9. Angelo Chol, F, San Diego State (From Arizona)

The addition of Chol is more impactful for San Diego State than his modest scoring and rebounding numbers at Arizona would suggest. A former top 100 recruit who chose Arizona over the likes of Kansas and North Carolina, Chol was buried behind a slew of elite big men in Tucson and often was yanked off the floor as soon as he missed a defensive rotation or had a ball squirt off his hands. There should be more opportunity for Chol at San Diego State, where he will probably start at power forward and have the chance to play through his mistakes. His jump shot and back-to-the-basket offense has improved since his Arizona days and the pairing of him and shot-blocking big man Skylar Spencer makes a formidable defensive duo.

10. Matt Carlino, G, Marquette (From BYU)

Having lost its only three double-digit scorers from last season's cold-shooting team, Marquette desperately needed to add a perimeter scorer or two to its roster. New coach Steve Wojciechowski has probably found one in BYU transfer Matt Carlino. While Carlino was a polarizing player for BYU fans due to the high expectations they had for him and his occasional exasperating bad shots and turnovers, the truth is his scoring instinct will be welcome at Marquette. Carlino, who averaged 13.7 points and 4.3 assists last season, can either play off ball alongside point guard Derrick Wilson or return to point guard with Duane Wilson at off guard.

11. Katin Reinhardt, G, USC (From UNLV)

USC's chances of taking a step forward in year two under Andy Enfield depend on a pair of promising guards. One is freshman point guard Jordan McLaughlin, the Trojans' most prized recruit. The other is Reinhardt, a combo guard whose scoring ability made him a consensus top 75 prospect during high school. Reinhardt averaged 10.1 points per game as a volume-shooting freshman at UNLV, but left the Rebels because he felt he had been pigeonholed into a catch-and-shoot role there. He hopes to show more playmaking ability off the dribble in USC's freewheeling system, in addition to playing improved defense and more consistently knocking down open shots.

12. Antoine Mason, G, Auburn (From Niagara)

The son of former New York Knicks forward Anthony Mason is the biggest reason Auburn has a chance to ascend a rung or two in the SEC during year one under Bruce Pearl. The younger Mason averaged an eye-popping 25.6 points per game as a junior, second only to national player of the year Doug McDermott of Creighton. What's more, the 6-foot-1 guard shot a respectable 44 percent despite being the only player to average double figures for a Niagara team that went 7-26 last season. Mason will have more help at Auburn than he did at Niagara with junior college prospect Cinmeon Bowers and New Mexico State transfer KC Ross-Miller also coming aboard, but he'll still be counted on to do plenty of damage himself.

13. Kedren Johnson, G, Memphis (From Vanderbilt)

The graduation of its top four guards from last season won't hurt Memphis nearly as much after the good news the program received last week. Johnson was granted immediate eligibility by the NCAA, enabling him to likely step right in and start at point guard for the Tigers. Had Johnson not gotten his waiver, Memphis probably would have no choice but to turn the point guard position over to inexperienced 6-foot-1 sophomore Pookie Powell. Instead they can let Powell come off the bench behind Johnson, who led Vanderbilt in scoring (13.5 points per game), assists (3.6) and steals (34) in 2012-13 but was suspended for the entire 2013-14 season for violating a university non-academic policy.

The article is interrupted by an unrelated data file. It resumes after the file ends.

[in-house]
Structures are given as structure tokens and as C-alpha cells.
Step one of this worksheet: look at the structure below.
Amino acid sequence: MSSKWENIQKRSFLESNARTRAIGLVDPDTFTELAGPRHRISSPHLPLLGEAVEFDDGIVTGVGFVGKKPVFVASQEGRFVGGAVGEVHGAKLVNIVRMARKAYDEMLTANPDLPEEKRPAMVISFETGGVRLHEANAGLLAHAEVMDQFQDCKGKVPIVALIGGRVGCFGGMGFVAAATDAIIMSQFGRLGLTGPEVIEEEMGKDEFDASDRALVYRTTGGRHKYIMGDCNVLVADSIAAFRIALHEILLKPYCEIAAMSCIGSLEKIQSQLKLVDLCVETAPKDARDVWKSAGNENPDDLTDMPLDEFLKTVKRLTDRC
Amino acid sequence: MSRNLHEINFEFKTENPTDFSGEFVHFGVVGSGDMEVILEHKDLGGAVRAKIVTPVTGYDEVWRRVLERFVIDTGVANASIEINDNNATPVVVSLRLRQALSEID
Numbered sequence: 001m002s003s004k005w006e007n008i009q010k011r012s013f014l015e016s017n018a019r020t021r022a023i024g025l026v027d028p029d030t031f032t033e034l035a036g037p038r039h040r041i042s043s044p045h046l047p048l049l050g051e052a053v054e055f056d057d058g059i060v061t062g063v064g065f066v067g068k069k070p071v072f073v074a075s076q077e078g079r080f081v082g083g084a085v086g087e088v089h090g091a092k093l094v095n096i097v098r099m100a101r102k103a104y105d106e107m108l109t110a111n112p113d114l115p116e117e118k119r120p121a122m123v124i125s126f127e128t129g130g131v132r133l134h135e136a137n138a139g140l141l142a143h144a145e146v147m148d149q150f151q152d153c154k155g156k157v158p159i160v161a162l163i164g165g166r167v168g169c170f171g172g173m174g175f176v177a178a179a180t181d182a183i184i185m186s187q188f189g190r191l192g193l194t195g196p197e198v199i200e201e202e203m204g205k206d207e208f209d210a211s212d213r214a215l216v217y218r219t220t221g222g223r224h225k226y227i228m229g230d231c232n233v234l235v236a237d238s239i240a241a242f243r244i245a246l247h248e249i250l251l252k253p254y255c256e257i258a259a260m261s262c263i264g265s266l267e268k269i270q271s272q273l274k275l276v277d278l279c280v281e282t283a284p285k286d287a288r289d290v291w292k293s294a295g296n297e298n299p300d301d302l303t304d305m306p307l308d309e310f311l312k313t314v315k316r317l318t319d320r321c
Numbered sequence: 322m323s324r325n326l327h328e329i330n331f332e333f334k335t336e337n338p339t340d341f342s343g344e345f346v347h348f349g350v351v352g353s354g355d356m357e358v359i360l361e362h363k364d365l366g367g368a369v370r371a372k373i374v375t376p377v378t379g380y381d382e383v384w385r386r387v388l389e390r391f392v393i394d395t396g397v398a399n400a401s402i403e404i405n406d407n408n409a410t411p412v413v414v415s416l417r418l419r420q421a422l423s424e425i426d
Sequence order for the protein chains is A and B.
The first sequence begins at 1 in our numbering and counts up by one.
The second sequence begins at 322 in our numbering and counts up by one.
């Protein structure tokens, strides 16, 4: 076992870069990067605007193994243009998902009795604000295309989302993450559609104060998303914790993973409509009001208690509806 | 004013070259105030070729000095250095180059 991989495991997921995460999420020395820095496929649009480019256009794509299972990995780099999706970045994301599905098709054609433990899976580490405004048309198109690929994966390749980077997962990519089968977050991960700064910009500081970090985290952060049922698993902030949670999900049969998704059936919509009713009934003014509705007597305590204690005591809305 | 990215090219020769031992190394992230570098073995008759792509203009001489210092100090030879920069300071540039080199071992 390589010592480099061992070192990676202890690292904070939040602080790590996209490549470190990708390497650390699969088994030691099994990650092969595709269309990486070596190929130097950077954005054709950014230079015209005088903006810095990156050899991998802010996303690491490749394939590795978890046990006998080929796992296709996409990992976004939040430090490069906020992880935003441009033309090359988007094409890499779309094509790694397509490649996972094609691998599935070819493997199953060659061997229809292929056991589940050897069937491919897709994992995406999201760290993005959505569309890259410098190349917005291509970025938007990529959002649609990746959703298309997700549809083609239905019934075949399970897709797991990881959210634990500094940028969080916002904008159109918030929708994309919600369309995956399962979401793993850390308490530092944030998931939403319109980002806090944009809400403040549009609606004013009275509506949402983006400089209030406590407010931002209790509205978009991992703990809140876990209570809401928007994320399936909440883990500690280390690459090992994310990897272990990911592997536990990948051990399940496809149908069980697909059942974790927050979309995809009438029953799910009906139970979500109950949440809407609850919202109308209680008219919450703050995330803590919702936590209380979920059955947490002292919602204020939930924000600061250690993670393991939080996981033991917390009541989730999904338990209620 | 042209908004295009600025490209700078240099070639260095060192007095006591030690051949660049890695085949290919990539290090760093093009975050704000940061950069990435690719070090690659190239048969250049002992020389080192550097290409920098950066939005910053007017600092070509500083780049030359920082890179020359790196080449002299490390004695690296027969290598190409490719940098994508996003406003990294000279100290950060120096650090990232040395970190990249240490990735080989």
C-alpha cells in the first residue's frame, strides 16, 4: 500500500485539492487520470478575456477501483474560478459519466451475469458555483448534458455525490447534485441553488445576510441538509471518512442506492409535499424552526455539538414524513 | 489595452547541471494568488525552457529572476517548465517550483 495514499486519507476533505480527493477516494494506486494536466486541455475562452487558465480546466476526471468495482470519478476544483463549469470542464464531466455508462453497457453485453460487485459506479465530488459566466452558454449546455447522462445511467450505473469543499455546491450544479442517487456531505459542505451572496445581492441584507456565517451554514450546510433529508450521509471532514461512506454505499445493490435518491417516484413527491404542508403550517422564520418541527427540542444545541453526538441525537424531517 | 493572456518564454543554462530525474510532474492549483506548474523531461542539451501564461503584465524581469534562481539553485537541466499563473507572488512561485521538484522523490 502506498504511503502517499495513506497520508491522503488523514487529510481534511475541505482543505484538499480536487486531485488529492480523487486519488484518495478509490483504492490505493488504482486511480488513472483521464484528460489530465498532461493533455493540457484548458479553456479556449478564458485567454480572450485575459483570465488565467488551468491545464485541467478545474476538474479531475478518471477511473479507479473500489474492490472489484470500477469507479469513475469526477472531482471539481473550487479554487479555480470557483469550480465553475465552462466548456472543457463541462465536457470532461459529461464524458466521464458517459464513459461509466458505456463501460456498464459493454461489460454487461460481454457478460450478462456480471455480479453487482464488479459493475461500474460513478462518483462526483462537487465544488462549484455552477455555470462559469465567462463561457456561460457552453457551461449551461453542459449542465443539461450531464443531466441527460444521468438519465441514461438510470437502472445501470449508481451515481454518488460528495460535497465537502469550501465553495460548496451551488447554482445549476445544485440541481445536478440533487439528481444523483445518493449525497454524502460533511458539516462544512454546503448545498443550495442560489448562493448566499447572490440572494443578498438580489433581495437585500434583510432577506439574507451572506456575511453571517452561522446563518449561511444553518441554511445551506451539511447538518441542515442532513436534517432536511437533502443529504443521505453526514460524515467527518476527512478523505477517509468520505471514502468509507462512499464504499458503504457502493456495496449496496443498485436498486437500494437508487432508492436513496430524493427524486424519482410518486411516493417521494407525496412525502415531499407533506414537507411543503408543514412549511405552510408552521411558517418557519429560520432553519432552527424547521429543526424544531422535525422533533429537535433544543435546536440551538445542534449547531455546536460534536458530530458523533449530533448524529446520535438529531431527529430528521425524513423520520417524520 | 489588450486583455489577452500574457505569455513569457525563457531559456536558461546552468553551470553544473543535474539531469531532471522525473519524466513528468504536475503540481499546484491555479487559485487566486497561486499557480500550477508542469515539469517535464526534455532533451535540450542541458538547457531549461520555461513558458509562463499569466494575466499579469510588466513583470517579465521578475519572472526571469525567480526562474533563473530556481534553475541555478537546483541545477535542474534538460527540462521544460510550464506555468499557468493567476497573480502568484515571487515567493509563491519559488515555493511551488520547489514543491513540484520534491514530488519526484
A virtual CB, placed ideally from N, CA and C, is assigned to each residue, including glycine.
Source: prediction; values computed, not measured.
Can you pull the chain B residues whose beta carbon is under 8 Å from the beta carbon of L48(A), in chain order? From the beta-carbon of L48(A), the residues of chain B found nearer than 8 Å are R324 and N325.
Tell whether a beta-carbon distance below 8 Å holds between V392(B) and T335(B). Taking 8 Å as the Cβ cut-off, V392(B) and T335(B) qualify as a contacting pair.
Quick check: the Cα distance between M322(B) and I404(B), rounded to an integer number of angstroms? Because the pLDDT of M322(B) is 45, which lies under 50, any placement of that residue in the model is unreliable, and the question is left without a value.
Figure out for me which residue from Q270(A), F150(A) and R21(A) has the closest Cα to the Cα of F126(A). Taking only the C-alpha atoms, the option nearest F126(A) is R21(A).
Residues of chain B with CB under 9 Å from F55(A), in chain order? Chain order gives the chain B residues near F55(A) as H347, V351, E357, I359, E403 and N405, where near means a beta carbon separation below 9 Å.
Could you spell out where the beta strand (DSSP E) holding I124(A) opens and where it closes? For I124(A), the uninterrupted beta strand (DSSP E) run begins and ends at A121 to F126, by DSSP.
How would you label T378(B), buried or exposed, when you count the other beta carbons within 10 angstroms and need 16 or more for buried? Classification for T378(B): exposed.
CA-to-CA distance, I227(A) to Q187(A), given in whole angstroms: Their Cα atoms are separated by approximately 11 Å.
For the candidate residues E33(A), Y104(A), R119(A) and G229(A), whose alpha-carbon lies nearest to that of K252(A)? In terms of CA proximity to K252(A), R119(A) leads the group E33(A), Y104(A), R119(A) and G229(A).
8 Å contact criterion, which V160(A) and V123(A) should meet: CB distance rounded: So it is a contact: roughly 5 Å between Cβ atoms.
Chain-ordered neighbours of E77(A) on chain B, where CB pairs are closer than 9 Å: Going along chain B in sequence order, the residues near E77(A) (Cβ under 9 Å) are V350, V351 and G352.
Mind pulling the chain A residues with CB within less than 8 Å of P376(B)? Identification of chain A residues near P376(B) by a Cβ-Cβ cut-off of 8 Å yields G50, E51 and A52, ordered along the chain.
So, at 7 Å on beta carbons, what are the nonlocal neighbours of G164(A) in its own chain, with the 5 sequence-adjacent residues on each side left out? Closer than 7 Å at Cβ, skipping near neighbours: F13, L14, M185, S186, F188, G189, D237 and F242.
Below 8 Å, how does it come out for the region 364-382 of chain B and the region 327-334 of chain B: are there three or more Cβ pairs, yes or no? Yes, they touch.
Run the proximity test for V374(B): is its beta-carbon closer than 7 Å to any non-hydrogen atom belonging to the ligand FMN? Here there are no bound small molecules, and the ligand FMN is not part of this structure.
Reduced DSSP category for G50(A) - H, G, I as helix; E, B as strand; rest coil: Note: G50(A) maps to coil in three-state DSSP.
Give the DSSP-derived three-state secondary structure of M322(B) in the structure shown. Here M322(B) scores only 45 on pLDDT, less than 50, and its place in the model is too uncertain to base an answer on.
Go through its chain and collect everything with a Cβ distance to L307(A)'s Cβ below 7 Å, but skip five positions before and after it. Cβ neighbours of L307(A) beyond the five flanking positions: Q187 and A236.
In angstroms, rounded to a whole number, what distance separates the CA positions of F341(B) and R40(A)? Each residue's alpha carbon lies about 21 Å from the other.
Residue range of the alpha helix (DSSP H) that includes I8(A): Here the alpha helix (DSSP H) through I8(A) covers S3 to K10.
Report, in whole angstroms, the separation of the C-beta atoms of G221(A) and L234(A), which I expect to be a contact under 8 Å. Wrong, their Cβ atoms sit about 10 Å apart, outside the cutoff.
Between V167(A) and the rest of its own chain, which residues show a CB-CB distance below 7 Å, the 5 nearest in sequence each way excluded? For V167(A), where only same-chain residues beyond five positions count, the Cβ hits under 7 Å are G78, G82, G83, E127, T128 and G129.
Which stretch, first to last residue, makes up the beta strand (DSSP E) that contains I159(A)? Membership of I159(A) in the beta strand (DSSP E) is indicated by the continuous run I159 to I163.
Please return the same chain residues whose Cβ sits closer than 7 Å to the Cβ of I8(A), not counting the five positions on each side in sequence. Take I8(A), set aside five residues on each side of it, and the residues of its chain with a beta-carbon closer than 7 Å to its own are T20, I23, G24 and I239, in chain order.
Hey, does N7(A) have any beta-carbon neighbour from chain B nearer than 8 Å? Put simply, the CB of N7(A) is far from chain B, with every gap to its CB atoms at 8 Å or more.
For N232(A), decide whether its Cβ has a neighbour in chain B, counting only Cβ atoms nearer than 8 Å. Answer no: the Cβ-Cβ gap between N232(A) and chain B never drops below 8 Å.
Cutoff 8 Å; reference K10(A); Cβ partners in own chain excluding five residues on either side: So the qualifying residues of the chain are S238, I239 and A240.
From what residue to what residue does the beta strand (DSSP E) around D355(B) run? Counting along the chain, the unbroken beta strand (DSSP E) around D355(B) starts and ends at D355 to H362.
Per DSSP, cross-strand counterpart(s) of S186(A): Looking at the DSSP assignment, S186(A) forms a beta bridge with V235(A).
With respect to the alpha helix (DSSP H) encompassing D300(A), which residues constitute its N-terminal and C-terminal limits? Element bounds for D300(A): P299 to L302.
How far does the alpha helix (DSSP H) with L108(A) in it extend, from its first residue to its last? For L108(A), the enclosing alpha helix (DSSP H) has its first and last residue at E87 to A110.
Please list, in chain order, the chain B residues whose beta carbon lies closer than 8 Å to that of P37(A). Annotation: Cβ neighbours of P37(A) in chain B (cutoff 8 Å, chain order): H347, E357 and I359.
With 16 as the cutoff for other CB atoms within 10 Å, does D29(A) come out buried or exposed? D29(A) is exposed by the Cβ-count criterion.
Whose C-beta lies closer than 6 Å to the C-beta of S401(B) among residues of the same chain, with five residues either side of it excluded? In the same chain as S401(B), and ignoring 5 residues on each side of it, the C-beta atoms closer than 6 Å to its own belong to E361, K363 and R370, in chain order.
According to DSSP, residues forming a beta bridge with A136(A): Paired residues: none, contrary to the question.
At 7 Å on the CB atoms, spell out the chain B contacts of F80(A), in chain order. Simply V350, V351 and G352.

14. Justin Martin, F, SMU (From Xavier)

Overshadowed by the newcomer SMU lost this summer was the potential contributions of the one the Mustangs added. Martin may not be the No. 1 point guard prospect in the nation like Emmanuel Mudiay was, but the 6-foot-6 small forward was an impact player for Xavier last season. A well-rounded wing capable of scoring off the dribble or via his jump shot, Martin averaged 11.7 points and 5.2 rebounds this past season, complementing star guard Semaj Christon by scoring in double figures in 16 of his final 21 games. He also visited West Virginia and Florida State before selecting SMU.

15. Anthony Hickey, G, Oklahoma State (From LSU)

Marcus Smart left for the NBA. Stevie Clark was kicked off the team. Jawun Evans won't arrive in Stillwater until next fall. With Oklahoma State in dire need of a point guard this season, the Cowboys found a perfect stop gap in Hickey. The senior averaged 8.4 points, 3.7 assists, 2.8 rebounds and 1.8 steals while starting 31 games for the Tigers last season, posting an SEC-best 2.6-to-1 assist-to-turnover ratio in conference play. The big question with Hickey is whether he'll be able to avoid the off-court issues that plagued him at his former program. A three-year starter for LSU, Hickey had his scholarship revoked for disciplinary reasons this summer.

Other transfers who will make an impact: Keith Hornsby, G, LSU; Aaron Cosby, G, Illinois; Ahmad Starks, G, Illinois; Trey Zeigler, G, TCU; Robert Upshaw, F, Washington; Ricky Tarrant, G, Alabama, Stanton Kidd, F, Colorado State; Sheldon McClellan, G Miami; Jabarie Hinds, G, UMass; Hunter Mickelson, F, Kansas; Bryn Forbes, G, Michigan State; Deuce Bello, G, Missouri; Antwan Scott, G, Colorado State; Roddy Peters, G, South Florida; Ian Chiles, G, Tennessee; Robert Carter, F, Maryland; Savon Goodman, F, Arizona State; Joe Coleman, G, Saint Mary's.

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Jeff Eisenberg is the editor of The Dagger on Yahoo Sports. Have a tip? Email him at daggerblog@yahoo.com or follow him on Twitter!